Riding off the success of Rocky Balboa (2006) and Rambo (2008), Stallone has took it upon himself to direct the ultimate action epic - a mish-mash of talent and style, combined for hopefully explosive effect. Does he succeed? Well, yes and no. Sadly the film also displays some of Stallone's most uninspired and confusing direction. Featuring lots of handheld camera and some grainy cinematography (with moments of flashy gloss) it can be hard to tell both where the characters are and exactly who they're fighting. Unlike the days of Die Hard (John McTiernan, 1988), The Terminator (James Cameron, 1984) and Rambo: First Blood (Ted Kotcheff, 1982), audiences now demand five cuts a second, even when characters are just walking across the street. It's sad to see an actor and filmmaker from the golden age of action cinema conforming to the standards set by Michael Bay (Transformers, 2007). Thank god then, that he actually knows how to stage the action, practically and without the use of CGI (for the most part). It may be the best American action movie made in the past 10 years (we have to consider foreign efforts such as District B13, Pierre Morel, 2004 and A Bittersweet Life, Kim Ji-woon, 2005). The finale, 20 minutes in length, sees the crew practically laying waste to a small island and its inhabitants - beginning like a stealth mission and building up to a body-ridden fireworks display. To say the action is back to basics would make it sound unjustly retrograde and also underestimate the level of carnage that takes place, but it does feel like something from the period it lovingly takes from.

The problems, obviously, lie elsewhere. Outside of the clumsy direction the screenplay and acting is, even for this kind of material, cringeworthy and embarrassing. One-dimensional knuckleheads speaking in exposition and one-liners pretty much covers it, but even then, it's a head-scratching case. Sly intended to make an action movie with a 1980s style. Sadly he's just made a film from the 1980s and anything apart from the aforementioned (awesome) action feels incredibly lazy. One peculiar moment sees Tool (Mickey Rourke) attempting to add some depth to the proceedings with some misty eyed back-story about why this gang of rag-tag mercenaries do what they do. Besides Rourke's baffling decision to actually act (and do so rather well) it's absolute nonsense. In a film that revels in blowing a persons body in half, the last thing we need is awkwardly scripted moralising. This is the sort of film that, rather than using its brains, prefers to blast them over the nearest shiny surface. Worst of all is how most of the cast are shoe-horned in. Bruce Willis turns up for a 2 minute cameo, Schwarzenegger has a pointless minute within that time, Jet Li just kicks a few people and Lundgren gets some of the worst character twists in recent memory and a hair-tearing conclusion. The chemistry between Stallone and Statham works, but only because they're having such a good time setting fire to an entire country! Before going into The Expendables I said " the only saving grace will be the action". Sometimes I hate it when I'm right.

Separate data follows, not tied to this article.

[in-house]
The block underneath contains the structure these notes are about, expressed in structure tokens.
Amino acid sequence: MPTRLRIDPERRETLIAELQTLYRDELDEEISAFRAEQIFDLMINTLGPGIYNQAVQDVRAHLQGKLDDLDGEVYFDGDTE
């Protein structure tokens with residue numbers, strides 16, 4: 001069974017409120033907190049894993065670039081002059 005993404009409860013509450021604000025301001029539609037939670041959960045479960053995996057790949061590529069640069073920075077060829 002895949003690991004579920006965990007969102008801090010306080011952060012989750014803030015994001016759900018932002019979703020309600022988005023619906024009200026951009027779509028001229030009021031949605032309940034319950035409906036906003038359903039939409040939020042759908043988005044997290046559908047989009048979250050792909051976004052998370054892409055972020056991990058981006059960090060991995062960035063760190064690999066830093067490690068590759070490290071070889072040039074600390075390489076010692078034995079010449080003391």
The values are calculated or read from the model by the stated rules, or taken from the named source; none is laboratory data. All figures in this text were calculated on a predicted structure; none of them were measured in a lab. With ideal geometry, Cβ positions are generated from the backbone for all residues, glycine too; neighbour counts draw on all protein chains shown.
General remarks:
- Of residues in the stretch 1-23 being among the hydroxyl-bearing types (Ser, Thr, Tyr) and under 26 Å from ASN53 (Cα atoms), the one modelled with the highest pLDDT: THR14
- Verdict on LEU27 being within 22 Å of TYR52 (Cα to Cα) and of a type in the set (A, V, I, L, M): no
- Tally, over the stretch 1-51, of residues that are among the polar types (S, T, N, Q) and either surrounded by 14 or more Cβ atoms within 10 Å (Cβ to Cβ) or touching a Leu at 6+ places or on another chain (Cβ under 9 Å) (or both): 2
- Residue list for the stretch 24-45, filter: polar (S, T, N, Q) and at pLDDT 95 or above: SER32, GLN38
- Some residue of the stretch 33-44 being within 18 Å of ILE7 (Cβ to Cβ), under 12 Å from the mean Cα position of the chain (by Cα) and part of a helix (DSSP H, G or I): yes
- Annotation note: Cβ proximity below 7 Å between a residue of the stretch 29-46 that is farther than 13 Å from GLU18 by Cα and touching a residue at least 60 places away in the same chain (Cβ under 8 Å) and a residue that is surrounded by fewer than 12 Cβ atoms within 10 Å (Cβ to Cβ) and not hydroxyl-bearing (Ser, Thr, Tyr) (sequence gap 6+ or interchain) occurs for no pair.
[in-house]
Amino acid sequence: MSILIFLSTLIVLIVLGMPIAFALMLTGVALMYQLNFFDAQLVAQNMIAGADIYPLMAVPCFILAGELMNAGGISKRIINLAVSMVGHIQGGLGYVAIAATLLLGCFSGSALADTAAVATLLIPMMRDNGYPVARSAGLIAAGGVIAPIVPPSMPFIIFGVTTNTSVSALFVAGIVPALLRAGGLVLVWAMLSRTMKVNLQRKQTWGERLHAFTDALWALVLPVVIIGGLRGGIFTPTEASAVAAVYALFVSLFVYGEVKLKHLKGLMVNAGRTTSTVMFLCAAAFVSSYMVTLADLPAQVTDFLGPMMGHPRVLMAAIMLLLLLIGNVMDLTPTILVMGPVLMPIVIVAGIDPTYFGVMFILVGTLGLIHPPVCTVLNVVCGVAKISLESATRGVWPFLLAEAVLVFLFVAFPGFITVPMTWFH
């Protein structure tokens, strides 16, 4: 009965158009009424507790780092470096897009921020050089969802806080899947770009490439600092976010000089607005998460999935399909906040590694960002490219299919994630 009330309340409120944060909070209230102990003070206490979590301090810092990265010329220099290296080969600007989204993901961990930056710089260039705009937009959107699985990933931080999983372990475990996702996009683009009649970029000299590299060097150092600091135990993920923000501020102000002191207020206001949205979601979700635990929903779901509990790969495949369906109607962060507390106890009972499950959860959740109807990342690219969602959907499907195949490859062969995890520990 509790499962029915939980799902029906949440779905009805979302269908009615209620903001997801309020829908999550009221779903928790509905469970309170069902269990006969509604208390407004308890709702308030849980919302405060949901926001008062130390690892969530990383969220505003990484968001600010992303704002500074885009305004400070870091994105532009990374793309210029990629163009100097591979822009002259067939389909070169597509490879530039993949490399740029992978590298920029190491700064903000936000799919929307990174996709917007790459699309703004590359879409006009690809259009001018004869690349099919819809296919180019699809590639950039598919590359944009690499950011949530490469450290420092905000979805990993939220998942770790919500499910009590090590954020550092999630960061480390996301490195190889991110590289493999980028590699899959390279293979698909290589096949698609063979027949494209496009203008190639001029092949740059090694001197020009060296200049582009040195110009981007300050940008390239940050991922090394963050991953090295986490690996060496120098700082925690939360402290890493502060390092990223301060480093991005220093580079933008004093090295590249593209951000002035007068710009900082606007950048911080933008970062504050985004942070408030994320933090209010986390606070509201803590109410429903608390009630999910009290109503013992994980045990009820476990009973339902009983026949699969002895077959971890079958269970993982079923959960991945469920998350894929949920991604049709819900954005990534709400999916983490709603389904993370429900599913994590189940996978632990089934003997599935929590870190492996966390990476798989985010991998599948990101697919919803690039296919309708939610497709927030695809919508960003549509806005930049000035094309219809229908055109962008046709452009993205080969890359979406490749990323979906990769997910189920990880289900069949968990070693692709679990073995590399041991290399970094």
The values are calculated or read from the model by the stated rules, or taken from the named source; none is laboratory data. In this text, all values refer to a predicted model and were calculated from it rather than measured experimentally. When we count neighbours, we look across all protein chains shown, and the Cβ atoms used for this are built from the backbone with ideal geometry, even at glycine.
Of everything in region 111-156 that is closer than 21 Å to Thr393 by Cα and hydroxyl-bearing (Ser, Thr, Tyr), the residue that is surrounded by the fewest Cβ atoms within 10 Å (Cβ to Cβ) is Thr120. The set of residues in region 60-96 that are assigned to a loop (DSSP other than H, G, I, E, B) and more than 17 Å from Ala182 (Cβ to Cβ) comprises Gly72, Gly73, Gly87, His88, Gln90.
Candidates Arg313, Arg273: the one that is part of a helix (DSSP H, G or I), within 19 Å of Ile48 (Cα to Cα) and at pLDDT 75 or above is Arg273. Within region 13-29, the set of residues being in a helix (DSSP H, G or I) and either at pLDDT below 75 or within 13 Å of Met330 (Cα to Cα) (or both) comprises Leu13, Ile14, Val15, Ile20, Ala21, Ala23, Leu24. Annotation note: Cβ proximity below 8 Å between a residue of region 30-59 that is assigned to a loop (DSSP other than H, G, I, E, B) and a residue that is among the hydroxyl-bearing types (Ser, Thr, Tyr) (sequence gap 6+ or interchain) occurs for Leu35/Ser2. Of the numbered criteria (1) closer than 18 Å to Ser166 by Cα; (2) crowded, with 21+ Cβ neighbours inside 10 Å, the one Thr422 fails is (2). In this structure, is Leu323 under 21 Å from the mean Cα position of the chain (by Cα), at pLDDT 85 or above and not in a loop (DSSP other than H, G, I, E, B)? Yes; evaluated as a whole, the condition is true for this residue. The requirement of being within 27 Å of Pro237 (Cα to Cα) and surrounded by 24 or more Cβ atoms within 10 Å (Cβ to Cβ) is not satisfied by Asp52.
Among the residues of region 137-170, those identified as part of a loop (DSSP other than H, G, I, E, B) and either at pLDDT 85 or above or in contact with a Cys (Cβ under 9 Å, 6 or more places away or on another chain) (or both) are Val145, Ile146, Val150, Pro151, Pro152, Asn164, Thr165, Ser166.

This isn't to say you won't have fun. Anyone expecting intelligence and intrigue clearly needs their head examined but I should think that most Stallone fans were expecting something more than this. The action is over-edited but it's practical, blood thirsty, nostalgic and in abundance. If that's all you're there for, your money is well spent. Such a shame though that everything else feels embarrassingly rotten. I mean, Stallone wrote Rocky (John G. Avildsen, 1976). He starred in Cliffhanger (Renny Harlin, 1993). He's got to know better than this. Hasn't he?

Tuesday 17 August 2010

Nightcast (Marco von Moos, 2007) Review

Movies on shoestring budgets often accept their limitations. A lesser writer/director might have looked at their accountancy sheet and opted for a drama or rom-com (which isn't to diminish these kind of efforts). Not so with von Moos, the Swiss director behind superhero adventure Nightcast, an homage to B-movies of the 90s. Of course, being a B-movie itself the look is spot-on (the film definitely reflects its budget) so what really matters is entertainment value and, for an independent filmmaker, style. Luckily von Moos and Nightcast have both.

The story focuses on Harry Brighton (Fabian Ramseyer), a police officer who is near fatally burnt when trying to apprehend the son of a Crimelord, Jack Wallace (Moos himself). The military turn him into a superhero and, after escaping, he joins a gang of underground rebels and names himself Nightcast in an attempt to regain his memory... and get revenge.
Nightcast, a masked avenger of the night, definitely has his heritage in superhero culture - both comic book and cinematic. Half Darkman (Sam Raimi, 1990) and half Dark Avenger (Guy Magar, 1990, TV), by way of The Crow (Alex Proyas, 1994) and hinting at Wolverine (X-Men, Bryan Singer, 2000), the world created by Moos is a familiar one, but it never becomes a problem. Nightcast doesn't have a particularly distinct style, yet its hero feels fresh and the feelings of familiarity never overpower our response to the character and his plight. As a confessed superhero geek I understand Moos' frame of reference so it's to his credit that I never felt like I was watching the cogs working, or suffering a been-there-done-that routine. Part of the appeal is that, like Darkman, Nightcast isn't actually based on a comic book, TV show or existing franchise - it's not a sequel or spin-off. It simply uses a template and genre convention to mould its own fantasy, albeit cliched, world.